11. Stefan Geens says:

It’s true, the code is a bit fragile. You really need to create a _new_ folder (Command-shift N), then drag new placemarks into them, then right-click on the folder and save as KML. If for some reason the folder has been a child of another object, the script treats these phantom objects as having coordinates of 0, which in turn precipitates division by zero.

12. christopher says:

This is esentially useless to me, too bad: Fatal error: Call to a member function on a non-object in /home/stefan/public_html/ogleearth/index.php on line 40

13. I did what you suggested abotu the divide by zero problem, created a new folder. But I cannot seem to create a new folder that ISN’T a child of the My Places folder. I’m on Windows, so maybe it’s a difference with that?

14. AB says:

I’m with Jason. The folder has to be a child of My Places. I just created a new folder (under My Places), drug three placemarks into it, saved it as a klm file and still got the same div by zero errors.

15. Stefan says:

I’ll have some time this evening to check if it’s a Mac vs. PC thing (it’d surprise me but then at least we’d know the two apps save KML differently).

Just bear in mind that this code is a toy, a proof of concept, etc… It works for me, but mileage may vary, and the code is available to all to tinker with and improve.

Stefan

16. No problem. It sounds like an incredibly cool toy and looking forward to some success on PC if that’s truly the problem. I’m a Software QA guy by trade, so it’s hardwired into me to automatically report bugs. heh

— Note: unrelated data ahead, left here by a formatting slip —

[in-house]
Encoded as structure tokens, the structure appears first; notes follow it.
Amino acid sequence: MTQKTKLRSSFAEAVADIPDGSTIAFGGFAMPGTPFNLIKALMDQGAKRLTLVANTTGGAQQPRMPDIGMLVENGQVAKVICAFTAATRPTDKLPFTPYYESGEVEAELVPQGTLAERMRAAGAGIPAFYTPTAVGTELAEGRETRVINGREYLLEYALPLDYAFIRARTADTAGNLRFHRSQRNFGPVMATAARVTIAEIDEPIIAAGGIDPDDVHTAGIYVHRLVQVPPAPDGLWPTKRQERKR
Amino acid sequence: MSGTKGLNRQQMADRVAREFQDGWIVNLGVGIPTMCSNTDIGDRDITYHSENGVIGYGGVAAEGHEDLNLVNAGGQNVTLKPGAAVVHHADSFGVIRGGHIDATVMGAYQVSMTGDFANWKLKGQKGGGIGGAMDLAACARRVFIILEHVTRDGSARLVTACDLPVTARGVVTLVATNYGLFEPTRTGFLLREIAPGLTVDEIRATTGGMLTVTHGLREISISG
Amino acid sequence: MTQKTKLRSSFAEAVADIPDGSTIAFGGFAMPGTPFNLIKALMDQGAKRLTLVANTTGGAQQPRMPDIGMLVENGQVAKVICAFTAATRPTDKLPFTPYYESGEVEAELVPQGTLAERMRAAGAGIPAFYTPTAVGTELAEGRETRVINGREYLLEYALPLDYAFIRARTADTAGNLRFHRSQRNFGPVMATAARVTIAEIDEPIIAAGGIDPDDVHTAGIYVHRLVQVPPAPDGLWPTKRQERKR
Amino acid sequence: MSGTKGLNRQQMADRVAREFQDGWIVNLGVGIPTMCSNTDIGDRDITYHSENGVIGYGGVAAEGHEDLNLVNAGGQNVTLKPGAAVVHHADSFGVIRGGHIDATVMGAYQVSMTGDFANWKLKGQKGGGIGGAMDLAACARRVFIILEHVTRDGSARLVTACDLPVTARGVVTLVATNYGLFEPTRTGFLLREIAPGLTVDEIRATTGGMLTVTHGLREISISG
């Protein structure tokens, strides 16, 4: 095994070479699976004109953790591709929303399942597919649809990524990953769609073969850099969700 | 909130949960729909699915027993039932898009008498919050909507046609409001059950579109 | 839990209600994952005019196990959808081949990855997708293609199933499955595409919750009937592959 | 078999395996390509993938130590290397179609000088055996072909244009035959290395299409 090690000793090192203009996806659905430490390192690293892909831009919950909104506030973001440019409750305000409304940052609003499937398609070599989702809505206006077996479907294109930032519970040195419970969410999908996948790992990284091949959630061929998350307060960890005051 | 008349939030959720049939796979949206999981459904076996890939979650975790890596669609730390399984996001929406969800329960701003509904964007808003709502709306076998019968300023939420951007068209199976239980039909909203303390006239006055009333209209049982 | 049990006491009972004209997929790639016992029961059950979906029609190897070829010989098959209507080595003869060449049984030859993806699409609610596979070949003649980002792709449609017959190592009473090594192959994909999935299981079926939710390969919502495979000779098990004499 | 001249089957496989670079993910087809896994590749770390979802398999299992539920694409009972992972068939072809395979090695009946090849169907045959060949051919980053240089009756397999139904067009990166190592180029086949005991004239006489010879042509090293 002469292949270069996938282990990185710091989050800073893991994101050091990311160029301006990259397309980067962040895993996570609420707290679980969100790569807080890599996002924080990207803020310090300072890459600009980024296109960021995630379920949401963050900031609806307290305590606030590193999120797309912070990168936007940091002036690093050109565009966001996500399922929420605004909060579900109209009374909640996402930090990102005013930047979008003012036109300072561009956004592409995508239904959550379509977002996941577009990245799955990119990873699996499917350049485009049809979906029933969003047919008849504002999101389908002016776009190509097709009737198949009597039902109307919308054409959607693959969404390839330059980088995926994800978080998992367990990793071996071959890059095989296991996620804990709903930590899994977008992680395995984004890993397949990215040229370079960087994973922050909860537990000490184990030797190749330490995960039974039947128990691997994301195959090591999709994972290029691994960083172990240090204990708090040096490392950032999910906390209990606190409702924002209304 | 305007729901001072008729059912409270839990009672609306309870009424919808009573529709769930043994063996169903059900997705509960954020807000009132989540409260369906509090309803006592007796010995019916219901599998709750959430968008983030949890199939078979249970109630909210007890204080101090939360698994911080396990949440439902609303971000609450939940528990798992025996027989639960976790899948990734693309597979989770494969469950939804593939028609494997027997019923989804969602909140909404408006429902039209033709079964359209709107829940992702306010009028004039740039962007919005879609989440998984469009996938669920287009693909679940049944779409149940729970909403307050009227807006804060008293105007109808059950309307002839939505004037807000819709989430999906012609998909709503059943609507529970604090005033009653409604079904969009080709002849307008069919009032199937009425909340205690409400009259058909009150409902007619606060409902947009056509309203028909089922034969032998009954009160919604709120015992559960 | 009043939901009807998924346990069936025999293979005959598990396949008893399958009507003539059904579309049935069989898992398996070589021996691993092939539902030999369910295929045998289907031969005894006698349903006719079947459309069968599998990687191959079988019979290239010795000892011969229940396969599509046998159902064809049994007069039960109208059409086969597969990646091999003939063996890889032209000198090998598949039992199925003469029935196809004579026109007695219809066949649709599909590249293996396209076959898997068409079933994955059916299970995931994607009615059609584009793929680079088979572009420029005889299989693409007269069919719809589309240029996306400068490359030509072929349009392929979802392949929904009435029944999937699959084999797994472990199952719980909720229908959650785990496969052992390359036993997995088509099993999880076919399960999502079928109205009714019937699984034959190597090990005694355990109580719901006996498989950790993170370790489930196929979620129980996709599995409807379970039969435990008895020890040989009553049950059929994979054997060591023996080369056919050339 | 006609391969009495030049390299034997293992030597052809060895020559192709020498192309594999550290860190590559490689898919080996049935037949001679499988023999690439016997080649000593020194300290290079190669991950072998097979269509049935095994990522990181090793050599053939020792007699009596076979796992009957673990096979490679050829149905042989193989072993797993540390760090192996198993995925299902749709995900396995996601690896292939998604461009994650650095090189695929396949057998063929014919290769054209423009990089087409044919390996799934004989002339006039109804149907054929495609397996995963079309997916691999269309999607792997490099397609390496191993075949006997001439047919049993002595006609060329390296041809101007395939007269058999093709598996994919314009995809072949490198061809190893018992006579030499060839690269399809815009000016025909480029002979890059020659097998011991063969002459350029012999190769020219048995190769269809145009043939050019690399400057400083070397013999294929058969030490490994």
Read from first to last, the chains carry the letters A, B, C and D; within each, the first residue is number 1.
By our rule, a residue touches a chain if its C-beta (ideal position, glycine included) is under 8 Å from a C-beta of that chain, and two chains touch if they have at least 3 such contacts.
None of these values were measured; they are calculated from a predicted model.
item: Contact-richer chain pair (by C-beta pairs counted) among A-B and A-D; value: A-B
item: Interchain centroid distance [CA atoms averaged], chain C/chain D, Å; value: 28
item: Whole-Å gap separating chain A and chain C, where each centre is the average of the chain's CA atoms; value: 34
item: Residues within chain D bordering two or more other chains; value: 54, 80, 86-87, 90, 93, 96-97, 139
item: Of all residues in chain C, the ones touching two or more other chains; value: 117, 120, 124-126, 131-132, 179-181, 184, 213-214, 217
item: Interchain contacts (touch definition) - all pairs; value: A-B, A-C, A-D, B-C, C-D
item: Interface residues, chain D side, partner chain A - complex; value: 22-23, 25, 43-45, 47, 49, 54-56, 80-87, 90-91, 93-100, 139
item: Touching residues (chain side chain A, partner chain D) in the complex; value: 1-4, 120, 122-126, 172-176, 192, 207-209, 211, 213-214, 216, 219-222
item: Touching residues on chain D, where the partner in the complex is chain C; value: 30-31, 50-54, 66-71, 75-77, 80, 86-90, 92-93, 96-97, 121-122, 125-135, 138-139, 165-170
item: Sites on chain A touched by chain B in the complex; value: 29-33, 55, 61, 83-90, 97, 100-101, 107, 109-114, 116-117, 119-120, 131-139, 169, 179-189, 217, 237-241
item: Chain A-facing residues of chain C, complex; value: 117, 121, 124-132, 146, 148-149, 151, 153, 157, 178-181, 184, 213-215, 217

17. christopher says:

works now, must’ve tweaked something. nifty, now i just need to move so the Center of Gravity for me isn’t an abandoned industrial park in Newark.

18. ray brown jr says:

HOW DO I DOWNLOAD THE CENTER OF GRAVITY PROGRAM? THANKS RAY BROWN-SEATTLE.

19. Dave says:

Is there a way to weight the place markers so that if 10 people live in the same place I do not have to enter the place marker 10 times to find the COG of them and 1 in another place?

20. aditya says:

This program is great

21. Sven says:

I was also wondering if there is an opportunity to weight the coordinates with that program?

22. Crow says:

Its not a program. All you need it Google Earth Pro so that you can import data.

Put all your address and zip codes in an excel spreadsheet. Save the spreadsheet as a .txt file not an .xls

Make sure when you save the excel file you only have 1 worksheet (ie. delete any other tabs at the bottom)

Then import the file into google earth. Use field type delimited tab. If you are only using zip codes make sure your excel sheet only uses 1 column. If you are using addresses, lat, long etc. just label them properly but only include what google earth can injest.

Then plot your addresses/zips/whatever into google earth and save it as a kml file. Then go to the Center Of Gravity web site link above and upload it while your google earth is open and there you have it. A new pushpin will appear which is your COG.

23. Dean says:

I came upon some posts that go back several months concerning the Center of Gravity calculator. There is a brand new free online tool

Geographic midpoint Calculator with Maps

You select or enter your desired locations, then your locations are displayed on a Google map/satellite/hybrid map along with the exact midpoint for those locations. The example given there is finding the midpoint for all cities that you have lived in. You can give your locations relative weights.

hth

24. A significant update to GeoMidpoint’s

Geographic Midpoint Calculator that makes it more versatile.

Before it had a 3000 city database, now it has a built-in geocoder that puts millions of world cities, towns and street addresses at your fingertips. Also multiple latitude/longitude data can now be imported into the calculator.

Dean

25. Kyle says:

Getting this error:

Warning: Invalid argument supplied for foreach() in /home/stefan/public_html/ogleearth/index.php on line 144

Any thoughts?